As schools start wrapping up and the temperature gauge climbs higher we find ourselves back once again in the wonderful season of summer vacation. Each year about this time I like to recommend some “beach reading ” materials for my connections who are traveling and hitting the beach (or “shore” depending on where you live). This year I asked a few of my book-savvy contacts to recommend some works that they’ve read or are going to read this summer. Take a look at these recommendations below.
Fooled by Randomness
By Nassim Nicholas Taleb
Recommended by Michael J. Discenza, Jr., CFO, GGE Investments Management LLC
The subtitle says it all “The Hidden Role of Chance in Life and in the Markets. ” This is a very intriguing book in the way it discusses luck, skill, forecasts, probability, and decision making under conditions of uncertainty, and introduces concepts that are applicable to business, sports, parenting, coaching and life in general. Full of interesting literary, historical and philosophical references, it’s a rambling book that you can read from start to finish, or pick up any chapter and learn something new. It is also a book that I find myself going back to re-read certain chapters. The author is an excellent writer and keeps the narrative moving along.
Get Out of My Life…but first could you drive me and Cheryl to the mall? A Parent’s Guide to the New Teenager
By Anthony E. Wolf
Recommended by Robyn T. Mingle, Former SVP & CHRO, Xylem Inc.
As a busy executive, there are lots of important business books I should be reading. However, I’ve come to the conclusion that I may be a better executive (and stressing less) if I could crack the code on dealing more effectively with my two, often moody, less-than-communicative teenagers (15-year old twins). This book is extremely well written, provides practical, sage advice, and is exactly what I needed, although I wish I had read it two years earlier. Most definitely, I will be doing some things differently starting today (otherwise known as a confession that I’ve been doing some things wrong!). Although we were once teenagers, a current refresher in how to navigate these extremely important and influential years is well worth the time.
The Middle East: A Brief History of the Last 2,000 Years
By Bernard Lewis
Recommended by Stephen Kaye, Investor & Board Member, Santier
I learned of this book from one of the Sunday morning political talk shows. It sparked my interest because this part of the world, and its history, is somewhat of an unknown to me, and to be sure, I’m no history buff. However, given the importance, and volatility, of the region, I felt it would be a good idea to upgrade my historical knowledge. Well, reader beware…this book is not for the casual reader. Furthermore, it’s no Cliff Notes version, despite the word “brief” in its title. It’s a very dense source of historical information on the past 2,000 years in the Middle East where the author quickly moves from period to period, regime to regime, and influence to influence. How it compares to other historical accounts, I don’t know; however, I’m a bit less than halfway through the book and have clearly learned a lot. Yet that learning has not come without some effort, confusion and re-reading required. So, if you want to learn more about the history of this rich region, this book will certainly help. If you want a quick synopsis (as if that’s possible), look elsewhere.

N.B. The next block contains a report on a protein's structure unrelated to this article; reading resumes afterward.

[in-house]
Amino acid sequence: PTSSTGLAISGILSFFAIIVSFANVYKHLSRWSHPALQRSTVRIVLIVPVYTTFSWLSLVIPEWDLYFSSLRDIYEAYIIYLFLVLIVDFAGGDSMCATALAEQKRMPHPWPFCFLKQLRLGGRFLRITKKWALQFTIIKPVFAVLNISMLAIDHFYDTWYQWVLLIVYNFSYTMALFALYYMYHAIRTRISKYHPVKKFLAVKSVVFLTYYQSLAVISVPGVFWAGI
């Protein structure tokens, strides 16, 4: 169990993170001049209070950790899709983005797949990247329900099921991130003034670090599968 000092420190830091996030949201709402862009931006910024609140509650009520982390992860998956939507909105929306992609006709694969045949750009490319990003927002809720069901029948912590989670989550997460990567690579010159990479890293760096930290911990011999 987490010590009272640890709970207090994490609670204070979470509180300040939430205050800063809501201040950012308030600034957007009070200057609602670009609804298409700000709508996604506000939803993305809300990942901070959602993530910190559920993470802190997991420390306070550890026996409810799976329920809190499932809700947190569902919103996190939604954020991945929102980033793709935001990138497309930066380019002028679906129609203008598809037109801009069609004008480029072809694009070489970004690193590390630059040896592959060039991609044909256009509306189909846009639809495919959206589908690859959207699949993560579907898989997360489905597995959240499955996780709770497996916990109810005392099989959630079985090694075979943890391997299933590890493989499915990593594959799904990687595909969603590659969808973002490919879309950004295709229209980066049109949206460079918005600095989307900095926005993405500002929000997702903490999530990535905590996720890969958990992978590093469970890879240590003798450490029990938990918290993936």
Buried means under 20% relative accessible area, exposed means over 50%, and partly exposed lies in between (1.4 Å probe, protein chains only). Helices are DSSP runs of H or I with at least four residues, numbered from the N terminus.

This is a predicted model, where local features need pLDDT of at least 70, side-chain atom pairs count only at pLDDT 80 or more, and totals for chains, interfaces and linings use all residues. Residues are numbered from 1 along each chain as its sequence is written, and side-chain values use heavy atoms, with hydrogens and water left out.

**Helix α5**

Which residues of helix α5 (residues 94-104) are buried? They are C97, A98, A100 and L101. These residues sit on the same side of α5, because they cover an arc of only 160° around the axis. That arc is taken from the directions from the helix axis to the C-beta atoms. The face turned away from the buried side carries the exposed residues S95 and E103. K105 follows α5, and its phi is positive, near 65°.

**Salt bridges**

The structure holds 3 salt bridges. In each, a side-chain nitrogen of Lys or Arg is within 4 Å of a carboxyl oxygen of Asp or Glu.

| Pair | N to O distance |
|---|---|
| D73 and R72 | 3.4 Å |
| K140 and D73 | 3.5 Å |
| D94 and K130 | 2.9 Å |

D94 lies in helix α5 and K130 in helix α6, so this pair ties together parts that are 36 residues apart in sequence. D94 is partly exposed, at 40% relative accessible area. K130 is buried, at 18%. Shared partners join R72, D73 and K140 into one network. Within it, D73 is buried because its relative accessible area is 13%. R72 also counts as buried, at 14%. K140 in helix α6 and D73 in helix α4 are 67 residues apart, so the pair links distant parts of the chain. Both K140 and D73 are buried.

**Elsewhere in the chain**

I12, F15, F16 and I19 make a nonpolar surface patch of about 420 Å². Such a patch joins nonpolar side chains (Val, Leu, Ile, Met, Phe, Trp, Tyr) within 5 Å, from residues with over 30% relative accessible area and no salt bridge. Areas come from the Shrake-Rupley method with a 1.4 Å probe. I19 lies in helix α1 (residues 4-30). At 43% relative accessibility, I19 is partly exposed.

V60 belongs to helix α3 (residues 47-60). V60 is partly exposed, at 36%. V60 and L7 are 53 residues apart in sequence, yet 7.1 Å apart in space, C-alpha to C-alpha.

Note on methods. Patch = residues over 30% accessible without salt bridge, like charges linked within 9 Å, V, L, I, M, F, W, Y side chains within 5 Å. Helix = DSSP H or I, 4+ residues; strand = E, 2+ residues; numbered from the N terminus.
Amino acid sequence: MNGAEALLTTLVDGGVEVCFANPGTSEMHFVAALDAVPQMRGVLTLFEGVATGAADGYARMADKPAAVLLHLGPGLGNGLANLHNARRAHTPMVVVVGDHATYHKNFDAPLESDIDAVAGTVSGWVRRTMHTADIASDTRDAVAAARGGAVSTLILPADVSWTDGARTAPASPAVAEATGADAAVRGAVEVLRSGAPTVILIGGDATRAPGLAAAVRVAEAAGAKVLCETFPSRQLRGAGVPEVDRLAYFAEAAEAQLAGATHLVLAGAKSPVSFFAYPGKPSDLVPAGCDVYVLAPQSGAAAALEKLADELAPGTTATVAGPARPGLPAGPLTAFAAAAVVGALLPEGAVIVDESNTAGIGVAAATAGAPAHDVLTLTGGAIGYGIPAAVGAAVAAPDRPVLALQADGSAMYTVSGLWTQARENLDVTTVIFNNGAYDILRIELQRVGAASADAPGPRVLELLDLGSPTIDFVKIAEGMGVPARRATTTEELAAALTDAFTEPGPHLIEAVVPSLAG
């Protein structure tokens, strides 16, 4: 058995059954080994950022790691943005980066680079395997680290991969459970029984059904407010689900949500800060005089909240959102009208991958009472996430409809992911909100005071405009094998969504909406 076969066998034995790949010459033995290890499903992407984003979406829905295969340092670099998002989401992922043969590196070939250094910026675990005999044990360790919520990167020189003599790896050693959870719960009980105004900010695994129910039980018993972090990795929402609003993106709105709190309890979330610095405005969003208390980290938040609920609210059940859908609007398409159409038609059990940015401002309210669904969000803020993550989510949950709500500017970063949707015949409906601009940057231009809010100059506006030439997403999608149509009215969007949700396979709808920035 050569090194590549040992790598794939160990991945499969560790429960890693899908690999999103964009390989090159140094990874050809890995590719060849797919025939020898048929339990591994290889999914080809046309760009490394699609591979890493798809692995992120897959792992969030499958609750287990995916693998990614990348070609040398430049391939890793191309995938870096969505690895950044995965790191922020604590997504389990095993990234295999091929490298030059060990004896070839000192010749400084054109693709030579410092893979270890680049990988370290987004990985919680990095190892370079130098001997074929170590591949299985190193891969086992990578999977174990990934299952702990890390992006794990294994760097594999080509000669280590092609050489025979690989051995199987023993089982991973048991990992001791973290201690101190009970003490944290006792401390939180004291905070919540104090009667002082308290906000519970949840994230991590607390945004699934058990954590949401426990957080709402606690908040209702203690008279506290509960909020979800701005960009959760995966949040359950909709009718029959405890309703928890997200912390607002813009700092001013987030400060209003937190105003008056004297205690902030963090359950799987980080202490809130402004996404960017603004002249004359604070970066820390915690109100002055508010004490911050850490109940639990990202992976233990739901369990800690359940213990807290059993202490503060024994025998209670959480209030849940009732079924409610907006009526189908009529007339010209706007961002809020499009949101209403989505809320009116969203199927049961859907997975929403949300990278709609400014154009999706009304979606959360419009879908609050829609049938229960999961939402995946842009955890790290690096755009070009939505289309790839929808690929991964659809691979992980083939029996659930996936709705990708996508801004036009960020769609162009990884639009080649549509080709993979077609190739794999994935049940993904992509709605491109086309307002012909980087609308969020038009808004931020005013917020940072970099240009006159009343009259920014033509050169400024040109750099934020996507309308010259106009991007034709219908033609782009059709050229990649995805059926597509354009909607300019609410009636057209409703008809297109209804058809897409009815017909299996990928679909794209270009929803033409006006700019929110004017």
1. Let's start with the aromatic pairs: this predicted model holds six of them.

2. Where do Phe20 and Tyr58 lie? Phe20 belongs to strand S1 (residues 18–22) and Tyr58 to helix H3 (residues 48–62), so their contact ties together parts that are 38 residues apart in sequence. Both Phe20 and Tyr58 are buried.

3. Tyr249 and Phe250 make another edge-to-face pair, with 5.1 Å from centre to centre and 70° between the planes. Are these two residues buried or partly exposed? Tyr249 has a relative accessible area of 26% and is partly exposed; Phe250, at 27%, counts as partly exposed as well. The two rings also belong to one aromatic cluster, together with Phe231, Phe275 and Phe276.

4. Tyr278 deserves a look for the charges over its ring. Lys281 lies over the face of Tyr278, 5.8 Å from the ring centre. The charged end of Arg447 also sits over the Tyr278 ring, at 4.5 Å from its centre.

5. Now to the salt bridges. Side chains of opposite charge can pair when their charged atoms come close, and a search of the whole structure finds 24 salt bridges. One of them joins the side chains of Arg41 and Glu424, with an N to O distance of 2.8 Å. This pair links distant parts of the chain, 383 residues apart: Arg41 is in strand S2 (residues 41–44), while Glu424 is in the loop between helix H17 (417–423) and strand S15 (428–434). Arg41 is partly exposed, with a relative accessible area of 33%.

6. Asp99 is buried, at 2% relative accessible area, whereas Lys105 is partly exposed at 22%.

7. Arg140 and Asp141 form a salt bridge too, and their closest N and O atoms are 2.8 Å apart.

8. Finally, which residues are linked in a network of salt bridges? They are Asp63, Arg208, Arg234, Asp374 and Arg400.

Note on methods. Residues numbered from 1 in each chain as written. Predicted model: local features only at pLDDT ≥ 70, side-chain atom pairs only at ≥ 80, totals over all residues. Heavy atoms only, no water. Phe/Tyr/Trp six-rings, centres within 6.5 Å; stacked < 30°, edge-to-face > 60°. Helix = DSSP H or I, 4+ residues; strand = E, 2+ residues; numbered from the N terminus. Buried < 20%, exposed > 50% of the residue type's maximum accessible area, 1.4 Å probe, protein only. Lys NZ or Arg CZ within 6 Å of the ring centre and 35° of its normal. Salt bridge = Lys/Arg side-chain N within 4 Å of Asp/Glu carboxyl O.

The Road To Character
By David Brooks
Recommended by John Hoey, President & CEO, The Y in Central Maryland
I just picked up David Brooks’s The Road to Character. I haven’t yet read it, but I have heard him talk about the book and have read some great reviews. I think this is the sort of book that is worth reading, and David Brooks is an author who never ceases to make me think. I don’t always agree with his views on every subject, but I always read his work and admire his ability to understand the deeper currents that drive both human motivation and our overall social construct.
To quote one review: “In The Road to Character, he (Brooks) focuses on the deeper values that should inform our lives. Responding to what he calls the culture of the Big Me, which emphasizes external success, Brooks challenges us, and himself, to rebalance the scales between our “resume virtue – ??achieving wealth, fame, and statu – ?and our “eulogy virtues, ” those that exist at the core of our being: kindness, bravery, honesty, or faithfulness, focusing on what kind of relationships we have formed. ?¨Looking to some of the world’s greatest thinkers and inspiring leaders, Brooks explores how, through internal struggle and a sense of their own limitations, they have built a strong inner character. Labor activist Frances Perkins understood the need to suppress parts of herself so that she could be an instrument in a larger cause. Dwight Eisenhower organized his life not around impulsive self-expression but considered self-restraint. Dorothy Day, a devout Catholic convert and champion of the poor, learned as a young woman the vocabulary of simplicity and surrender. Civil rights pioneers A. Philip Randolph and Bayard Rustin learned reticence and the logic of self-discipline, the need to distrust oneself even while waging a noble crusade.”
What are you reading this summer? Leave a comment below and tell us what’s on your list.